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Large trucks block Main Street in Lucea while delivering goods to supermarkets

JUTA Lucea chapter says no to Negril by pass

Claudia Gardner, Hospitality Jamaica Writer

President of JUTA Tours' Lucea chapter, Adrian Parkinson, has disagreed with a call by the Negril Chamber of Commerce (NCOC) for a bypass to be created in Hanover to divert traffic heading to Negril, minimising traffic flow through the western town.

If effected, a bypass would destroy Lucea's heritage tourism plans, argues Parkinson. He said the congestion problem is mainly caused by insufficient parking spaces for motorists, deep potholes and improper traffic management, particularly on Main Street, where delivery trucks continue to block the street with impunity.

"I am not in support of it. What I would like to see is the dredging of the harbour to reclaim more land so that we can have adequate parking in the town," Parkinson said.

He said that in the past, the Hanover Chamber of Commerce had recommended to former Mayor Lester Crooks that delivery trucks should come to Lucea only on Thursdays, and they had to do so between 9 a.m. and 3 p.m. Drivers coming in later had to find somewhere other than Main Street to park, or they would be prosecuted.

"When Lester Crooks left office, that is where the breakdown started."

In a recent interview with Hospitality Jamaica, NCOC President Lee Issa had expressed concern about the "progressively worse" congestion in Lucea, which he said had, among other things, "outgrown its infrastructure".

He urged Minister of Tourism Edmund Bartlett to give the bypass serious consideration.

"It is congested 99.9 per cent of the time and sometimes it is almost impassable with the trucks unloading their produce and the congestion," Issa had said. "It's going to get worse. With the expansion taking place in the tourism industry in Negril and the additional rooms that are coming on stream ..."

"I had a discussion with the minister of tourism and he says that that is one of the top priorities the Government is working on to have done as quickly as possible. We are hoping that we will have some good news this year, because I am told that US$200 million has been allocated for the Montego Bay bypass, Hopewell, Sandy Bay and that it includes Lucea.

"Whether through the hills or on the coast, it has to be done. It is critical if we are going to have a vibrant tourism industry in Negril. It is a major contributor to the foreign exchange earnings.

However, Parkinson argues that once the delivery trucks dilemma and other problems are addressed, the traffic would flow freely and the tourism ministry could channel the allocated funds to other enhancement projects, and a small portion to reclaim land from the Lucea harbour, instead of on a bypass.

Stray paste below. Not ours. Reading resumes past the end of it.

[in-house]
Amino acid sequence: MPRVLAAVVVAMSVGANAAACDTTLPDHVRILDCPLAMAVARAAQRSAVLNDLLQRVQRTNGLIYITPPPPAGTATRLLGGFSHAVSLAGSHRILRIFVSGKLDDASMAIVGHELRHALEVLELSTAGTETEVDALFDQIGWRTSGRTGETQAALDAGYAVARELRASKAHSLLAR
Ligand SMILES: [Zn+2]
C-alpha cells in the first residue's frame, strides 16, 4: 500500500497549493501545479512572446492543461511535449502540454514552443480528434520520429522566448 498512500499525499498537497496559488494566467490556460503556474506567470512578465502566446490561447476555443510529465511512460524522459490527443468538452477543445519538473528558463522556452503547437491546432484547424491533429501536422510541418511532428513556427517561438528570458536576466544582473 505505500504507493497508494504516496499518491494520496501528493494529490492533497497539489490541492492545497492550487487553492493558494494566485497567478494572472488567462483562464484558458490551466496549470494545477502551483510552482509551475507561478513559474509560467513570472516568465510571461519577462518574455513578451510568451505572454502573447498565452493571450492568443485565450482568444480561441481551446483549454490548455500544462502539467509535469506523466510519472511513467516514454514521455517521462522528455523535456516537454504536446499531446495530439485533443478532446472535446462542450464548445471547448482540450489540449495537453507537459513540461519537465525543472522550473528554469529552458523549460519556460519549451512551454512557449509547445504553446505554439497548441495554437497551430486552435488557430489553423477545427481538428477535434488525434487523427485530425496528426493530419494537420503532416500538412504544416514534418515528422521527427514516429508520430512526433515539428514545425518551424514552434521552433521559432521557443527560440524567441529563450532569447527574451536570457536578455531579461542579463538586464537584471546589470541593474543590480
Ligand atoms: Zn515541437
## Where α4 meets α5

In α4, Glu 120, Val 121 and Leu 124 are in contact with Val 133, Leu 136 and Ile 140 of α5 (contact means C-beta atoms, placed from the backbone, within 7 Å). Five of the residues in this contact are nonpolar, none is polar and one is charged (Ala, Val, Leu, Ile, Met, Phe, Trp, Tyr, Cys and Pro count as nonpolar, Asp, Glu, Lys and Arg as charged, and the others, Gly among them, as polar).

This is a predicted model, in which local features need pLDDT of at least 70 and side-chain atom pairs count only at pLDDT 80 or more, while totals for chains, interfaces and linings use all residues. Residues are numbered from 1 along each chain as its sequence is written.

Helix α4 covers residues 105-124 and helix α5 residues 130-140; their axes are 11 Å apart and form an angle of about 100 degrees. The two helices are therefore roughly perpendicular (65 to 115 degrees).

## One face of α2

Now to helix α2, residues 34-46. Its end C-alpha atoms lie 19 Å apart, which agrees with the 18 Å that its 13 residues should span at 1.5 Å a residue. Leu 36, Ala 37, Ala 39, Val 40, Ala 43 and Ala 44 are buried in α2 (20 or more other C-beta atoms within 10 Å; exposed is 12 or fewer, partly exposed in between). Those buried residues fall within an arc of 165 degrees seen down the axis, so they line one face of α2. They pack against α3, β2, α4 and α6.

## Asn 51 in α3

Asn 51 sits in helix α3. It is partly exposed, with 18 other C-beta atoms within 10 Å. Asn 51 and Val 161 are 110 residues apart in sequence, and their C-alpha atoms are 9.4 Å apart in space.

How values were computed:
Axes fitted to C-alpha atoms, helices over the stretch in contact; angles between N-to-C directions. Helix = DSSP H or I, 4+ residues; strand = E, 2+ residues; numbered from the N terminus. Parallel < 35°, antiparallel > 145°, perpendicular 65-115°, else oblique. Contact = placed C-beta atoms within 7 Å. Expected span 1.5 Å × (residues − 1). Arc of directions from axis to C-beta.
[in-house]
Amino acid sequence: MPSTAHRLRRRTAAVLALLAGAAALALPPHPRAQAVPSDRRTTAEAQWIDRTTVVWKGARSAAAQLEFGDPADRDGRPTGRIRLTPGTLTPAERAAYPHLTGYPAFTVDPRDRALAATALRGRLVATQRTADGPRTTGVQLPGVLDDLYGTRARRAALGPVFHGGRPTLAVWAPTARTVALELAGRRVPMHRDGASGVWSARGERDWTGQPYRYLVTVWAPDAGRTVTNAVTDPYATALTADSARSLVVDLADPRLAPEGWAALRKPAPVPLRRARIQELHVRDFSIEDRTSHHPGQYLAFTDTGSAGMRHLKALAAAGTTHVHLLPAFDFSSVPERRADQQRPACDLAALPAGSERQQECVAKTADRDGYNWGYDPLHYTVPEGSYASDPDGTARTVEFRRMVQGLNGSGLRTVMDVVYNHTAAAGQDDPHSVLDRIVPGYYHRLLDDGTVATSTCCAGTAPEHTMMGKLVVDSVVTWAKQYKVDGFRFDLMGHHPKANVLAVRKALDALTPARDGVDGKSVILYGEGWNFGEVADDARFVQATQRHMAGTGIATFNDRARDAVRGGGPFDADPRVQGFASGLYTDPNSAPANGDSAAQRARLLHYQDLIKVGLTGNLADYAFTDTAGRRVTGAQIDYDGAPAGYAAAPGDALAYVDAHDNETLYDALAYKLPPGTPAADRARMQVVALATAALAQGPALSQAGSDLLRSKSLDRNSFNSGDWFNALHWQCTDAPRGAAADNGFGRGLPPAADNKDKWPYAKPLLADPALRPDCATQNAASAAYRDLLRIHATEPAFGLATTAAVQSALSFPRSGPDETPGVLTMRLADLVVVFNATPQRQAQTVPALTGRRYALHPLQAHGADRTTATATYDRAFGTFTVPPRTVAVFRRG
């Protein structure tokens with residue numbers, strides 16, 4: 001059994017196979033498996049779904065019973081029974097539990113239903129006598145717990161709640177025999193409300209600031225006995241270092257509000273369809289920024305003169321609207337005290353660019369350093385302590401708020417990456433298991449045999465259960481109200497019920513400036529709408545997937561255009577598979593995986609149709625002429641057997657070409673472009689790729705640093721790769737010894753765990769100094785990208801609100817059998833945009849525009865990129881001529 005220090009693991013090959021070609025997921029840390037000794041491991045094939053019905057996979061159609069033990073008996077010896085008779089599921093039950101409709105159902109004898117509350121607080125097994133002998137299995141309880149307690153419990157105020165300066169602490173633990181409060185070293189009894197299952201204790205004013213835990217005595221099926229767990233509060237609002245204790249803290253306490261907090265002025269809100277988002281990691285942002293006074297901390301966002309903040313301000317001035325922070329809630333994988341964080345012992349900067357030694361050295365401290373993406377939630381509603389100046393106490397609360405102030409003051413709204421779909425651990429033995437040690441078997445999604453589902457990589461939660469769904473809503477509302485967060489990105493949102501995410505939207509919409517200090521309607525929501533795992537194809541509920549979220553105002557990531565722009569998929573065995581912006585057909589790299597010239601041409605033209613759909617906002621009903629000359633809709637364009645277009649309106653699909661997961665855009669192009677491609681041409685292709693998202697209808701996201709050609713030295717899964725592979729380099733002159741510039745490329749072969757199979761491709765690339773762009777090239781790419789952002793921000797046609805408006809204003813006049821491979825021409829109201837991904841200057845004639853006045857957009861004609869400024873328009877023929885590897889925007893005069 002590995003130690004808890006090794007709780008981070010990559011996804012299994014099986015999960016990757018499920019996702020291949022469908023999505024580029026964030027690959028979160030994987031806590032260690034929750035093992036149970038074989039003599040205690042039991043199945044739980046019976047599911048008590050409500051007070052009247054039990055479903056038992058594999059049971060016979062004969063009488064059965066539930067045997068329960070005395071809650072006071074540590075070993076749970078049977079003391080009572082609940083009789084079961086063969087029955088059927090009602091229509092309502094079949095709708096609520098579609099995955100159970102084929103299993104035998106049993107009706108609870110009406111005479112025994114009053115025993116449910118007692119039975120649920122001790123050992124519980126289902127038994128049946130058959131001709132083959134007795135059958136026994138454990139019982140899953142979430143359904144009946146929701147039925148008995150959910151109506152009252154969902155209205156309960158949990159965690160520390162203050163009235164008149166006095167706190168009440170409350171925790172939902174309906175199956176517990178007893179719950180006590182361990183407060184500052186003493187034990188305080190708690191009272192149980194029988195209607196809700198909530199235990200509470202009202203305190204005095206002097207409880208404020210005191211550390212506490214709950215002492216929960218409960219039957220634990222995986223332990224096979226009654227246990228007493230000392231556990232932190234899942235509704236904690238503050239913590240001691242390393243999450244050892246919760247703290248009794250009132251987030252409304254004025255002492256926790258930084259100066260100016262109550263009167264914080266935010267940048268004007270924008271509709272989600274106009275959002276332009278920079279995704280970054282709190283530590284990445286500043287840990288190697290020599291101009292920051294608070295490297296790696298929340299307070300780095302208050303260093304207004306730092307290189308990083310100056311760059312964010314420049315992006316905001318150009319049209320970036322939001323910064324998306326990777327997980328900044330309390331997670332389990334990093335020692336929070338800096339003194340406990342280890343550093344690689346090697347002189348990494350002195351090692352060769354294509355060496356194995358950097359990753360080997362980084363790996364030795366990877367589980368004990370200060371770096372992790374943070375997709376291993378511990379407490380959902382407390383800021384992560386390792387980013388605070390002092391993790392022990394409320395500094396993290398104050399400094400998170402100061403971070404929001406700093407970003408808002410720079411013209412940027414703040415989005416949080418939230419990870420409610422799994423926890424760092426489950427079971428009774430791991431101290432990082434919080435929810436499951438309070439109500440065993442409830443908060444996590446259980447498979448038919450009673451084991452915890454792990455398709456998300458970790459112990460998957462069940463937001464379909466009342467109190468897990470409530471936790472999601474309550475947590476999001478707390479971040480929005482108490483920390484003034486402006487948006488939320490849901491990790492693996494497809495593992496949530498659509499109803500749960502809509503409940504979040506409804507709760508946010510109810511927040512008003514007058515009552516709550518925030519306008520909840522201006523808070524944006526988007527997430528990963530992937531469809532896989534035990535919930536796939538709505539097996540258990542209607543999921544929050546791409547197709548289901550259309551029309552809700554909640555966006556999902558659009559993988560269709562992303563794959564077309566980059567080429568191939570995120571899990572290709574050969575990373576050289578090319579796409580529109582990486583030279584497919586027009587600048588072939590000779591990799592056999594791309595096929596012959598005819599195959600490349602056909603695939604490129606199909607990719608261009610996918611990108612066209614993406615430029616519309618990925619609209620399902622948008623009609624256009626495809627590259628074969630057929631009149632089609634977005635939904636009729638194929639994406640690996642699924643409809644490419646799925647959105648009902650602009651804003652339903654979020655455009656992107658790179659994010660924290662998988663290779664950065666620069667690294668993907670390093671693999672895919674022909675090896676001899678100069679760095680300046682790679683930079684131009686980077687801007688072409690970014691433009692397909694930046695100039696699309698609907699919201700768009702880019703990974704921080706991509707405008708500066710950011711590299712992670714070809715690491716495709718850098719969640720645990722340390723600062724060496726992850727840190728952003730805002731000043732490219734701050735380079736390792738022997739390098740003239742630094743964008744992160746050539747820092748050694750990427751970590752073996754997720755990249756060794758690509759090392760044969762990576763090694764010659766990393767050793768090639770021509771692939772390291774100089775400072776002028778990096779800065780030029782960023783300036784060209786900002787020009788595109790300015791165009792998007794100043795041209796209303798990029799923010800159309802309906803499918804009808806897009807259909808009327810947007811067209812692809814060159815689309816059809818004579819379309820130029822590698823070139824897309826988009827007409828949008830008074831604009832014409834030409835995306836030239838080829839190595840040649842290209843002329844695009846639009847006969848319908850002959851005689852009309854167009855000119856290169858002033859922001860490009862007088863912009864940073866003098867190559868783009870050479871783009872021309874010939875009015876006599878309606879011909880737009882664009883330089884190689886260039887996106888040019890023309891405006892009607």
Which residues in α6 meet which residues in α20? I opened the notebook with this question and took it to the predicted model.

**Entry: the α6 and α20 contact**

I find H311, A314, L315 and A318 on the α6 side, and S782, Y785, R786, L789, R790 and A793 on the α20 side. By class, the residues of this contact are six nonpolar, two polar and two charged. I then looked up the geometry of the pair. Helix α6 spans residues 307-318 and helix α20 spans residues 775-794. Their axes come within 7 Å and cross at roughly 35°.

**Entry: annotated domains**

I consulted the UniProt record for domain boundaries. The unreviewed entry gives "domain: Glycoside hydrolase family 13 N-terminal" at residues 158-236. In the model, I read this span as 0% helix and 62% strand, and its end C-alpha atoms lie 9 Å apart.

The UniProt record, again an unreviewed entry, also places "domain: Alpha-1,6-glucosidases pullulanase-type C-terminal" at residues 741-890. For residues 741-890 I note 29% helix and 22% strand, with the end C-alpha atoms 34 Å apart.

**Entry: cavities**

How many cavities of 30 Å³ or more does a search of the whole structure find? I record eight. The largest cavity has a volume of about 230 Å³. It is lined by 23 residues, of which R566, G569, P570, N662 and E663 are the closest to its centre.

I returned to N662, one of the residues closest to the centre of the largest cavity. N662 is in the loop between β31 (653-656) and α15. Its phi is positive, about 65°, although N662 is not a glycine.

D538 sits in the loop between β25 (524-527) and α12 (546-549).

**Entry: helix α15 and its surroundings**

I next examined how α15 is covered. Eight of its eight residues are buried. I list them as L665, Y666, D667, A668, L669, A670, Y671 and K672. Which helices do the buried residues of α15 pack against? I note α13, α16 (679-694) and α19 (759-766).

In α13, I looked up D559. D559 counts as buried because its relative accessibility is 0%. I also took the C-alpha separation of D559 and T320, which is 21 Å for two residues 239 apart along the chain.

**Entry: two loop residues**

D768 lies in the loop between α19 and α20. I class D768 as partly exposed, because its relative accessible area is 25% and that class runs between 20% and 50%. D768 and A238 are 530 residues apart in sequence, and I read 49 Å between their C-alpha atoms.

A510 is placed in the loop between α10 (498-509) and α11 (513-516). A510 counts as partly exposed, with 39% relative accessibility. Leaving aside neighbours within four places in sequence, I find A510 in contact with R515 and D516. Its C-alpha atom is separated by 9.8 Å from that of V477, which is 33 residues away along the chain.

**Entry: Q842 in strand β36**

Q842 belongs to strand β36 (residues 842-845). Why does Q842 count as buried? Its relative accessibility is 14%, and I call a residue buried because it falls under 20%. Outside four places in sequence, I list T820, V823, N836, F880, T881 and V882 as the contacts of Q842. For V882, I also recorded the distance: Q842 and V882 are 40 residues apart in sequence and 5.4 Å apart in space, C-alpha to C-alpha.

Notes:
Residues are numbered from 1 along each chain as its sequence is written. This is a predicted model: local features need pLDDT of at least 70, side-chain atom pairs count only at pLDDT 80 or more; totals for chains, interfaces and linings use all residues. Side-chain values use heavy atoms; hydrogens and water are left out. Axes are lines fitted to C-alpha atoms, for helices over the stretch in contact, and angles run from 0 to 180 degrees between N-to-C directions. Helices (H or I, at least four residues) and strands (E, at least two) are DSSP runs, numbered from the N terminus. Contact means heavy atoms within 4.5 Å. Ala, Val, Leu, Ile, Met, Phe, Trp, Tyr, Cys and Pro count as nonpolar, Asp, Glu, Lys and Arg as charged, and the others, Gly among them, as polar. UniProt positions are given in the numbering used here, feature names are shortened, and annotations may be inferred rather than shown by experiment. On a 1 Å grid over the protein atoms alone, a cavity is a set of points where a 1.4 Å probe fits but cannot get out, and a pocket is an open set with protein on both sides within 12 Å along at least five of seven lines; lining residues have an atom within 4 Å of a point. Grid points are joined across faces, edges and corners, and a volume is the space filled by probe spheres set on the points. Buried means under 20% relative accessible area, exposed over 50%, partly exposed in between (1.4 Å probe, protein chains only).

more employment

"With the acquiring of more land space, delivery trucks would be assigned to one specific area, controlled by the municipality, for which they pay. Just like in any other towns, they can't just go and park any and everywhere and deliver. They have to use trollies to deliver or handcarts and that, for Lucea, could result in more employment and income."

On Sundays when there is free flow, it takes 45 minutes to take guests from Grand Palladium to Negril, he stated, explaining that on weekdays, it takes one hour and 30 minutes, because motorists spend 45 minutes to get from Keep Left to Church Street.

"I counted 12 delivery trucks last week Wednesday on Main Street; that should not have happened," said Parkinson.

At a recent NCOC meeting, JHTA Negril President Kevin Levee also attributed the congestion to inadequate parking and the actions of the truckers, some with 40-foot trailers, who, he said, block the road and bring traffic to a standstill while delivering their goods in a happy-go-lucky manner.

"I had an experience where the traffic - and I am not exaggerating - went to the top bridge. All the goods trucks were unloading; it was like they were in their warehouse; men with their shirts off stretching out. It was like they were working in somebody's backyard ... and that is unacceptable," Levee said.

Cruise ship passengers are also feeling the pain, and tours by them to Negril have been curtailed as a result. 

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